First, we should qualify that “the better load” means faster loads hitting with more velocity and thus theoretically smash targets with more authority. While this myth is true to a point, it becomes incorrect quickly as overloaded rounds can very noticeably distort shot patterns. If you don’t believe me, pump up your favorite load — within safe parameters of course — and head out to the patterning board. Just as metallic cartridge loaders may tinker with rounds for a particular gun, I have a sweet load that my trap gun loves and patterns best with the chokes I prefer. While that load only clocks around 1,275 fps, it is plenty fast to bust birds. The ones I miss have nothing to do with the load, and everything to do with operator error. Yet, I shoot with plenty of fellows who believe that by juicing up their loads to say 1,450-1,500 fps, they’ll get on the target faster, with more power, and won’t have to account for lead. While that is true to a point, for the most part the shooter must deal with increased pressure and recoil as a substitute to utilizing proper shooting mechanics on moving targets. If you feel the need for speed, realize that just because it’s a safe load does not mean it will be a productive load. Sure, you want your hunting charges to be as deadly — and fast — as possible, but make sure the pattern is not skewed by performance.
Round pellets by nature are just not that aerodynamic, though sometimes an overly fast load will hold together better at closer range — say skeet distances — while it will scatter at longer. True to the reloader’s creed of testing and re-testing on the range, this one dictates the same. Jack up your load, but be sure to test it at the board with the choke you will use and at the distance you will shoot. And realize that every gain comes with a trade-off. Is the increase in recoil worth the speed? Once the pattern blows, the point is moot.
5. Vaccuum cleaners don’t belong in reloading rooms: Mostly true
Sometimes myths are true, and for the cautious among us, this is no exception. Many tales circulate the reloading community involving vacuum cleaners exploding while sucking up spilled powder or wayward primers. Can this really cause damage, or worse, personal injury? The answer is usually no, but there’s enough truth to this myth that I prefer not to vacuum around my loading bench. While primers and powder react differently to mistreatment, it’s better to err on the side of gentle caution.
Though I did not witness these events first hand, one friend blew the bag off his old-fashioned cleaner and another gun-shop owner had a similar event with a few unknowingly spilled primers from the shelf. Granted, no serious damage was done other than a sudden dust storm and pale-faced men. I’ve never encountered a primer detonating during the reloading process, and I would rather not have one go off during cleanup.
As for loose powder, I’ve neither tried — nor heard of — any accidents with the vacuum. One group did a test to see if a static spark would ignite a very small amount black powder with surprisingly unremarkable results. That aside, I’d rather not gamble whether a spark from the Hoover would cause a smokeless powder reaction.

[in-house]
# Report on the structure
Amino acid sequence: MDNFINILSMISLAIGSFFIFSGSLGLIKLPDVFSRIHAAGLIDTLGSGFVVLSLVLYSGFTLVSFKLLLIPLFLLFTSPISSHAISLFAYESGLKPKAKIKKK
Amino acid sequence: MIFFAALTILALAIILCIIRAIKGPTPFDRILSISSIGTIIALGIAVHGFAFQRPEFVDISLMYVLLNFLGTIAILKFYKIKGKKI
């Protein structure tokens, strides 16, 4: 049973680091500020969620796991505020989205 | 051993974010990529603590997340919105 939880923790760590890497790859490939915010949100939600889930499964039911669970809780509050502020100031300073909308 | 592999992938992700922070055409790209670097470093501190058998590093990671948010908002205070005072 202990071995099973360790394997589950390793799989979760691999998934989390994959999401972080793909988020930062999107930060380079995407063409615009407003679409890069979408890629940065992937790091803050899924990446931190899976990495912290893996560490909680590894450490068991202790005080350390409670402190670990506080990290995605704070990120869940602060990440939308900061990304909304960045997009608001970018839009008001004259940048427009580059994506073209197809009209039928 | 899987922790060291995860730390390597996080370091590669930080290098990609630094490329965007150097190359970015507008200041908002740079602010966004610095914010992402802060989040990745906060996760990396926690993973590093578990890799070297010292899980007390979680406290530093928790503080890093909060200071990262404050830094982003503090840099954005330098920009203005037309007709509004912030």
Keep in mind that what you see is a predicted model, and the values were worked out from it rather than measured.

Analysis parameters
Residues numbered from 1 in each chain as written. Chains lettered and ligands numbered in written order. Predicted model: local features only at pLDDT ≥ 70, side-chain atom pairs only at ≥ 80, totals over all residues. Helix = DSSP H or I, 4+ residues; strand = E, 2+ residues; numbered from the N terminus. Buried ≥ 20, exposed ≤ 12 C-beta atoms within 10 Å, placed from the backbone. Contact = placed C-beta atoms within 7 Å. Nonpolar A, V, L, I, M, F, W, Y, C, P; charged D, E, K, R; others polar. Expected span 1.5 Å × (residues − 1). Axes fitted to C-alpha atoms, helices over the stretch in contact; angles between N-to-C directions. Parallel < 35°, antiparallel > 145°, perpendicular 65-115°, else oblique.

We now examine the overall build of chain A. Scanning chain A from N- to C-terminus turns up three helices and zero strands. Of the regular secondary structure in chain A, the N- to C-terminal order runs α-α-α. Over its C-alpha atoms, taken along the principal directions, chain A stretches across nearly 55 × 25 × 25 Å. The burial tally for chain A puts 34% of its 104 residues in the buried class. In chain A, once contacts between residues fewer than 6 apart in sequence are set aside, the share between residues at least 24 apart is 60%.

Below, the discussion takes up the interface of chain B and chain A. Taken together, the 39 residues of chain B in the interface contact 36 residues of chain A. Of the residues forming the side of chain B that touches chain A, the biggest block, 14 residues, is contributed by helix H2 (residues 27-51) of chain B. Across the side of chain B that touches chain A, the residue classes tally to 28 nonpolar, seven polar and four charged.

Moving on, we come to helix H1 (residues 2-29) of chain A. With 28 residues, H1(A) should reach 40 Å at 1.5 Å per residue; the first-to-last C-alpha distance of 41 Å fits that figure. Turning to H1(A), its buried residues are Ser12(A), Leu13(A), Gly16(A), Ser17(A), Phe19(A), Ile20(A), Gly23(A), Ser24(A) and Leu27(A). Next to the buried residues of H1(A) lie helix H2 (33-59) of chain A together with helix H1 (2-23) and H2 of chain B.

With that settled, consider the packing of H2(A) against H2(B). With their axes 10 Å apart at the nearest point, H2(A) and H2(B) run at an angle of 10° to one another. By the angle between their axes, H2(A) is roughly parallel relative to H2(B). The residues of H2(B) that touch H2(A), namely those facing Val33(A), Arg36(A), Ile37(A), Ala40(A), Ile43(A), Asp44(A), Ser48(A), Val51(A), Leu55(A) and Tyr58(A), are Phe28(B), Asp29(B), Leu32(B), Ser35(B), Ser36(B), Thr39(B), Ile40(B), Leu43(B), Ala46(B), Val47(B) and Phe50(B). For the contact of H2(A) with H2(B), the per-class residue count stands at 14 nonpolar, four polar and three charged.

The simplest solution is avoiding shaggy carpet around a loading bench because things get lost in the knap — including small pistol primers. On a side note, vacuums make quite a racket and do not enjoy digesting shot pellets. There are enough things to treat with caution in the loading process that I just don’t want to add “cleanup” to the list of potential hazards.
6. Reloading saves money: The debate continues
This is a double-edged sword. Like many, I got into reloading because I convinced myself it would save money in the long run. That may still be true, but the “run” is getting longer, not because reloading isn’t cost-efficient, but because I keep buying new components and toys for the loading bench. Once the initial investment of accumulation is over, a high-volume shooter will certainly come out ahead in the numbers game, especially those who stashed metal casings and the like before they became more valuable than gold bouillon. When pricing actual components per box of ammo loaded (especially for spent-brass/hull scroungers like myself) it is very possible to load for half, or sometime less than half, the cost of factory ammo.
Some reload because they like to shoot a lot, whereas others shoot a lot because they reload. The funniest part of this myth is that the most avid reloaders — myself included — shoot more with all the load testing because they do reload. It’s a vicious hamster-in-the-wheel trick, but we reloaders are passionate about it and become better shooters in the process.
Separating old wives tales from explosive truth
Sometimes the amount of B.S. floating around reloading circles is astonishing. For instance, I’ve come to realize that I will most likely not die a sudden death of lead poisoning from handling cast bullets. Just as shooters reload for as many reasons as there are types of reloading devices, some myths are true and others are old wives (or old reloaders) tales. No matter. Just ensure that safety always takes priority at the loading bench. Load often, use common sense, and enjoy a great hobby that makes better, more attentive shooters of us all.